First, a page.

Paul continues with an Old Testament reference: “Do I say these things as a mere man? (“Do I say this merely on human authority?”–NIV; “Am I expressing merely a human opinion?”–NLT; which is what some claim today about this method of necessary inference being used to determine what is authorized by God–rsb) Or does not the law say the same also? For it is written in the law of Moses, ‘You shall not muzzle an ox while it treads out the grain’.” (1 Corinthians 9:8-9a). Paul explains and applies this Old Testament verse: “Is it oxen God is concerned about? Or does He say it altogether for our sakes? For our sakes, no doubt, this is written, that he who plows should plow in hope, and he who threshes in hope should be partaker of his hope. If we have sown spiritual things for you, is it a great thing if we reap your material things?” (vs. 9b-11). In coming to this conclusion, Paul uses the inference of “from the lesser to the greater:” if God has such concern for oxen as they help produce a harvest, He would have more for preachers sent as “laborers into His harvest” (Matthew 9:37-38) of precious souls.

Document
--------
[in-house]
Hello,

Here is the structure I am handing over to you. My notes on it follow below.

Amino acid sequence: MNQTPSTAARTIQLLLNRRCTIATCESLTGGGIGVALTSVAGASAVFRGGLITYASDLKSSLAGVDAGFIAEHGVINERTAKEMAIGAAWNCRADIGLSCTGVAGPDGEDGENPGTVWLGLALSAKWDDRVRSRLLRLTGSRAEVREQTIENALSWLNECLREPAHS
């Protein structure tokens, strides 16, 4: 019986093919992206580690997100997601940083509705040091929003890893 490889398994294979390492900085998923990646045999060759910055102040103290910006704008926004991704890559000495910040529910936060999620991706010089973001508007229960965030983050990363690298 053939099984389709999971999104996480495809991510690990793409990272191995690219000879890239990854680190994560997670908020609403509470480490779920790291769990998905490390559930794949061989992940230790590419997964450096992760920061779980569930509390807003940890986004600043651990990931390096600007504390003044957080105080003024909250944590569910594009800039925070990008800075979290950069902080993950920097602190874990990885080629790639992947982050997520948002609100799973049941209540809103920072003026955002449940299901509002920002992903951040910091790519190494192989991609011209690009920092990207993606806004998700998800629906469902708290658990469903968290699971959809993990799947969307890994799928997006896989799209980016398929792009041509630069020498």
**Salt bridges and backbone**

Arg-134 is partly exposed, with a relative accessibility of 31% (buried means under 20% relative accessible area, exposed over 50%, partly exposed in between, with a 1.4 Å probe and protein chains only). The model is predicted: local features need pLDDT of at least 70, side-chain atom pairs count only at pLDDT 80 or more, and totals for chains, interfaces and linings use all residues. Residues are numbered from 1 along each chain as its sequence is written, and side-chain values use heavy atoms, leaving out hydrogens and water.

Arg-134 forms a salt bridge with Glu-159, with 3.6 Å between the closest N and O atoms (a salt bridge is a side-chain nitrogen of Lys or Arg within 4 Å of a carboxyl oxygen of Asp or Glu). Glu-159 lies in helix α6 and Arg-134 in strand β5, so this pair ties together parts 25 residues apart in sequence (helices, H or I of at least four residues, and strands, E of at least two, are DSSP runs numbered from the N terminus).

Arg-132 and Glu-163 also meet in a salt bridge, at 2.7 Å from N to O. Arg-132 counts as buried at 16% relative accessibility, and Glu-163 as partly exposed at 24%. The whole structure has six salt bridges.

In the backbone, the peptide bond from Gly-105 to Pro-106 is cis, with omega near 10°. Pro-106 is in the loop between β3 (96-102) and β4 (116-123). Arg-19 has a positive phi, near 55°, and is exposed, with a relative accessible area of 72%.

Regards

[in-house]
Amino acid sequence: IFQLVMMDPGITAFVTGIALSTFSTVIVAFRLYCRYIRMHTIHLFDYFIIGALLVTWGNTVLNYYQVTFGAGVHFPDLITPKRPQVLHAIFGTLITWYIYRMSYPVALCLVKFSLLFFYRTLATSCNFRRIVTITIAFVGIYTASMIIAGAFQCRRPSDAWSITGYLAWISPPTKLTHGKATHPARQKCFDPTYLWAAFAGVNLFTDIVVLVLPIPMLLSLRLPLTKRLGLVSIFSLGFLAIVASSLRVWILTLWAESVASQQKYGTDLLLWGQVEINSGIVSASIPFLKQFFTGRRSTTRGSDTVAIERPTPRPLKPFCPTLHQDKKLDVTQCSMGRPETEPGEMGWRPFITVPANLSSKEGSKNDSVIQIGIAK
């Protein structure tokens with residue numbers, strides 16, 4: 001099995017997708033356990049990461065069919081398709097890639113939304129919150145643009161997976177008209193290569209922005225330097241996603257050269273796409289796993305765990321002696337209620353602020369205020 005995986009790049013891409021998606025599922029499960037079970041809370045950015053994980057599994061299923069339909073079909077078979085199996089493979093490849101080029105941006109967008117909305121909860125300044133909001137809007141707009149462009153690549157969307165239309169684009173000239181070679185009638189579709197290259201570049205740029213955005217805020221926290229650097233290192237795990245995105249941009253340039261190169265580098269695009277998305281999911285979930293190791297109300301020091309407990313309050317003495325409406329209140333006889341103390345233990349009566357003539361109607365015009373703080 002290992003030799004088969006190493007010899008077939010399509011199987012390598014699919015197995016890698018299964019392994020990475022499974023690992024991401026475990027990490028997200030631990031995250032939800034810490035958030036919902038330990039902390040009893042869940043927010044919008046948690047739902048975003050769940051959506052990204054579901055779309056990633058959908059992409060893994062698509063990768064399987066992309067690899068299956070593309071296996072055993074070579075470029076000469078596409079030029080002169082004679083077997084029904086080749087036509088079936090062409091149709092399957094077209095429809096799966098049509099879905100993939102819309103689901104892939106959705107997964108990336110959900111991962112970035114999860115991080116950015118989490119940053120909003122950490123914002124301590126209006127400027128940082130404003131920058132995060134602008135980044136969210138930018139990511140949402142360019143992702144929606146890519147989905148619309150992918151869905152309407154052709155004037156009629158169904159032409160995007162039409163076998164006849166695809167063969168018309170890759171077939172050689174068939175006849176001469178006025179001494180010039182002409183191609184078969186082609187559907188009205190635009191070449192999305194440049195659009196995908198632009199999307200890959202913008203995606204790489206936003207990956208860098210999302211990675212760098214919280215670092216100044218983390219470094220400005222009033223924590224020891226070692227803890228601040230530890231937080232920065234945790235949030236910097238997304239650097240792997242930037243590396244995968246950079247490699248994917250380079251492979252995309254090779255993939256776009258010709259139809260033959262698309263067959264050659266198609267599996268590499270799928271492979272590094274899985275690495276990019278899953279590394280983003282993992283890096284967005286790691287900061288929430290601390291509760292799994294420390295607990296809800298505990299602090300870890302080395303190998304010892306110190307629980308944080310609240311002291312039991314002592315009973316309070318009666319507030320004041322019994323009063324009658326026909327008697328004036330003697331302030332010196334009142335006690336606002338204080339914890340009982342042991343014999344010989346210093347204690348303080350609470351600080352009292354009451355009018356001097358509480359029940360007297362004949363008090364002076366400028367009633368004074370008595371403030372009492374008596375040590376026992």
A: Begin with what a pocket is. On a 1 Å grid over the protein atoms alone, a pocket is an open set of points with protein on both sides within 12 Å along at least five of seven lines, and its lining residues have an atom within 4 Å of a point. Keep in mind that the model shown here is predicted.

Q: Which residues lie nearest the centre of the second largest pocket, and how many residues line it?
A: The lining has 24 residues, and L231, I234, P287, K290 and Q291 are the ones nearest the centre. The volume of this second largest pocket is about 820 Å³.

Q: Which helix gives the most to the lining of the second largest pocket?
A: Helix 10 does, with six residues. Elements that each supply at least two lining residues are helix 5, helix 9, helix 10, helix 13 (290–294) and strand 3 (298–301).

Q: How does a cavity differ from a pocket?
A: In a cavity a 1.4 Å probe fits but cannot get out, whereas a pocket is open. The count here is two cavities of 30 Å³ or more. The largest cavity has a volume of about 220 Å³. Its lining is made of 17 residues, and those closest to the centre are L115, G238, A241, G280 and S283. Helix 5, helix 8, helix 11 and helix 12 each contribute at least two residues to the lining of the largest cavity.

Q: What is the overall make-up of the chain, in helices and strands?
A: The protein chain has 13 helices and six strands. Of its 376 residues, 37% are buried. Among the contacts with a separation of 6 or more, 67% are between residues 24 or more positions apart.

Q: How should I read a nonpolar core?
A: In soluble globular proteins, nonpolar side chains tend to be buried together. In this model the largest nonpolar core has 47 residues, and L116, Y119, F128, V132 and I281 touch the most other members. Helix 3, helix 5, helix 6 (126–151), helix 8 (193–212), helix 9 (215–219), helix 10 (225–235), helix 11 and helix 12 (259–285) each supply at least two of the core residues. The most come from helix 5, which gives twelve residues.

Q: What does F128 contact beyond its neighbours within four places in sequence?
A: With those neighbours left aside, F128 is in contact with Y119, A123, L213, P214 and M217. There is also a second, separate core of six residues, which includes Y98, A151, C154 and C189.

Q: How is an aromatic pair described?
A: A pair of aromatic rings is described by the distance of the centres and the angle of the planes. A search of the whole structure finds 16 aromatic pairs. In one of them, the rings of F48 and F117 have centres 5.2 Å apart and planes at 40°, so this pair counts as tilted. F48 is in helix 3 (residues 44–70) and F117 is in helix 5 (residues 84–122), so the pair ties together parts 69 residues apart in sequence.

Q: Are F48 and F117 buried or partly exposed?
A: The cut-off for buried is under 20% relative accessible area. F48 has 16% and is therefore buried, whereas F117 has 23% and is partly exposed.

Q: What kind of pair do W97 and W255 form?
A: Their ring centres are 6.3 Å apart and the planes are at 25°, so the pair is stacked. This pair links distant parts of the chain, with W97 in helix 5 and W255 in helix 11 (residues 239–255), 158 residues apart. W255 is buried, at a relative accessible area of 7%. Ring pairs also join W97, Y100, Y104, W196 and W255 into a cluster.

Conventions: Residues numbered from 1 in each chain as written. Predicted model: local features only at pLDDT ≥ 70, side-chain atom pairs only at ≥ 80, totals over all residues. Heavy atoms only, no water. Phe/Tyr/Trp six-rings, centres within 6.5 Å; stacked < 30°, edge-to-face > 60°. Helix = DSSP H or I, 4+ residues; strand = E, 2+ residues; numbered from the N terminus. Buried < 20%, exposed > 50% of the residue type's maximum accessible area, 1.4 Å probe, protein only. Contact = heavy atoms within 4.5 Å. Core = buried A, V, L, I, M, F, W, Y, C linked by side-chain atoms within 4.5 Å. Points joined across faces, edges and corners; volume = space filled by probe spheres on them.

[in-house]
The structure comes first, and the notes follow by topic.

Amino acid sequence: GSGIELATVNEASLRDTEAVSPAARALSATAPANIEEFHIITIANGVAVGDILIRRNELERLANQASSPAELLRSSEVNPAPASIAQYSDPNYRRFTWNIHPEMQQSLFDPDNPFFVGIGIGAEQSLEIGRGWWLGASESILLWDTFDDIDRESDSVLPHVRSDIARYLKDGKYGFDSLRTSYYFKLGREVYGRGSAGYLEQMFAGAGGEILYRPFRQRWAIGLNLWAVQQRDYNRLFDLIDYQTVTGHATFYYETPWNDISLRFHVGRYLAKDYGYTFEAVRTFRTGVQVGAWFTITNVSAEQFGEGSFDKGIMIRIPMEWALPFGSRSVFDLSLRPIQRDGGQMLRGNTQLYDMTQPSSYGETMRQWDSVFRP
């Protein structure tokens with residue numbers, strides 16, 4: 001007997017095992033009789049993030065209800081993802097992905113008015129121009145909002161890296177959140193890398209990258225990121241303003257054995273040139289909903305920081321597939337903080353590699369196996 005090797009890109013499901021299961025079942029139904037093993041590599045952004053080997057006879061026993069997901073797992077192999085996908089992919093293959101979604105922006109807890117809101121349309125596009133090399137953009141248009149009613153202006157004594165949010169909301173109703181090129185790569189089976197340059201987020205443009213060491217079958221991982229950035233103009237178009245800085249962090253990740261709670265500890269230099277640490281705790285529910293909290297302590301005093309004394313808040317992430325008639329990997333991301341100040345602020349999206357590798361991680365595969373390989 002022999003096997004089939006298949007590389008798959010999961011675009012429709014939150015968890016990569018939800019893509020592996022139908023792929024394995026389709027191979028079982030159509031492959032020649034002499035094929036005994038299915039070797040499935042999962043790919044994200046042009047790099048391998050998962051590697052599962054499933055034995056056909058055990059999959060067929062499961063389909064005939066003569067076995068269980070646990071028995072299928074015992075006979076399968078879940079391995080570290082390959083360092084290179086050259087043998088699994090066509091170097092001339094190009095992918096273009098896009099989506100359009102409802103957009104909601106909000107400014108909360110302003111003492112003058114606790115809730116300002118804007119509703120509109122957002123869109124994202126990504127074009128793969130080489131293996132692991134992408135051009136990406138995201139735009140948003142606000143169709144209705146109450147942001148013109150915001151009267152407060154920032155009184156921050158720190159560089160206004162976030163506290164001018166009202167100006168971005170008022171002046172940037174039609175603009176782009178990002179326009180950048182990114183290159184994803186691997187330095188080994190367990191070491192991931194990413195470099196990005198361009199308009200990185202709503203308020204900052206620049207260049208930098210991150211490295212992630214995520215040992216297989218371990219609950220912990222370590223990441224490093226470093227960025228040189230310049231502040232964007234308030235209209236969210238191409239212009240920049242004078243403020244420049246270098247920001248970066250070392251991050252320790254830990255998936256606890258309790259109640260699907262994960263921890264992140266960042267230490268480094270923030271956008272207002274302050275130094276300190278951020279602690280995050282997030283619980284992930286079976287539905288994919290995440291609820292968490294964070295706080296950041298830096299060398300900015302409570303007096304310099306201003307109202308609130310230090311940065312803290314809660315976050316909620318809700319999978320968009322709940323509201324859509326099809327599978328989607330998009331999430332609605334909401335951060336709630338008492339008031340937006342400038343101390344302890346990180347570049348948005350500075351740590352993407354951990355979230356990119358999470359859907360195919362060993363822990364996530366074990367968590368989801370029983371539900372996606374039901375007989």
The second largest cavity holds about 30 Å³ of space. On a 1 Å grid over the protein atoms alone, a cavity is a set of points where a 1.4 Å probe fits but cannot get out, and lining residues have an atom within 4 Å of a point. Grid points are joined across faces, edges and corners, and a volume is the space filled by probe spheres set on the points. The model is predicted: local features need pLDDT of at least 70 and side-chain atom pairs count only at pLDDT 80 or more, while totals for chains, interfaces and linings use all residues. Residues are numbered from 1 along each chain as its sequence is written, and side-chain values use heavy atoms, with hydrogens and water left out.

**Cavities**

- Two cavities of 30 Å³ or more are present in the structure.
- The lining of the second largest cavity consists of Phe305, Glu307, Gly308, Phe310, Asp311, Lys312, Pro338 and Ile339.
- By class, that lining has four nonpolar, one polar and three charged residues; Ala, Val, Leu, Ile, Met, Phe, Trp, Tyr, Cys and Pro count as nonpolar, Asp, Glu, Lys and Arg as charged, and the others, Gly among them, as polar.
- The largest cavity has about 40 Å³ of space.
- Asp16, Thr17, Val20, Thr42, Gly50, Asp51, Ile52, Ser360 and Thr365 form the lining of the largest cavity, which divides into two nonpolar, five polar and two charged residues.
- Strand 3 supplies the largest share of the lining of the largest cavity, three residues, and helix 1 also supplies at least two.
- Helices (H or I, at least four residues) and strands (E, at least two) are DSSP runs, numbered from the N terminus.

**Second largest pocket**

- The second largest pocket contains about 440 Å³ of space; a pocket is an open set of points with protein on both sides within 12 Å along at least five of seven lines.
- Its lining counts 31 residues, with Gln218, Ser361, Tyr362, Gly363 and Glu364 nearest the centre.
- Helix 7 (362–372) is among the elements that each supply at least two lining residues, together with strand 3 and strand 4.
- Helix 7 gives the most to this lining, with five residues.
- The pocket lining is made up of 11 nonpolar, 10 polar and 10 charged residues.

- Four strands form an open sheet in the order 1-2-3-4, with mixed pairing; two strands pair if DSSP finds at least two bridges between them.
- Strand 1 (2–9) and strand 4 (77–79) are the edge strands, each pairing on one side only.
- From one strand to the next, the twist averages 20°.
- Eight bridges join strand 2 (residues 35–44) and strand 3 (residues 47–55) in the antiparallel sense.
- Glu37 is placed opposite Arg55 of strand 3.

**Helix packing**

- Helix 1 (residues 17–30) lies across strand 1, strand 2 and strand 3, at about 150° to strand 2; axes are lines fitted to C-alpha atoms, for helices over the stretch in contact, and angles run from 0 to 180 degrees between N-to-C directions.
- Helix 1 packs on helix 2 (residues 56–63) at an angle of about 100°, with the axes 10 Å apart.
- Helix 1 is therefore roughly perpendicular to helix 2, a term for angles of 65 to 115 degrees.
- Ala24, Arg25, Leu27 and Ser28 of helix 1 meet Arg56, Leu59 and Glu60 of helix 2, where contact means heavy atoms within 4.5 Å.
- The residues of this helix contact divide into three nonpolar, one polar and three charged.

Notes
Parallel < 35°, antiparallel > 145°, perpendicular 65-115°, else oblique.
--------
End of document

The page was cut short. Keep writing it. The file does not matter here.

It is instructive to note that Paul also cites an approved example from the Old Testament (1 Corinthians 9:13), and a commandment from the Lord (vs. 14). The entire passage details how we can establish what God authorizes; God’s word authorizes through commands, approved examples, and necessary inferences.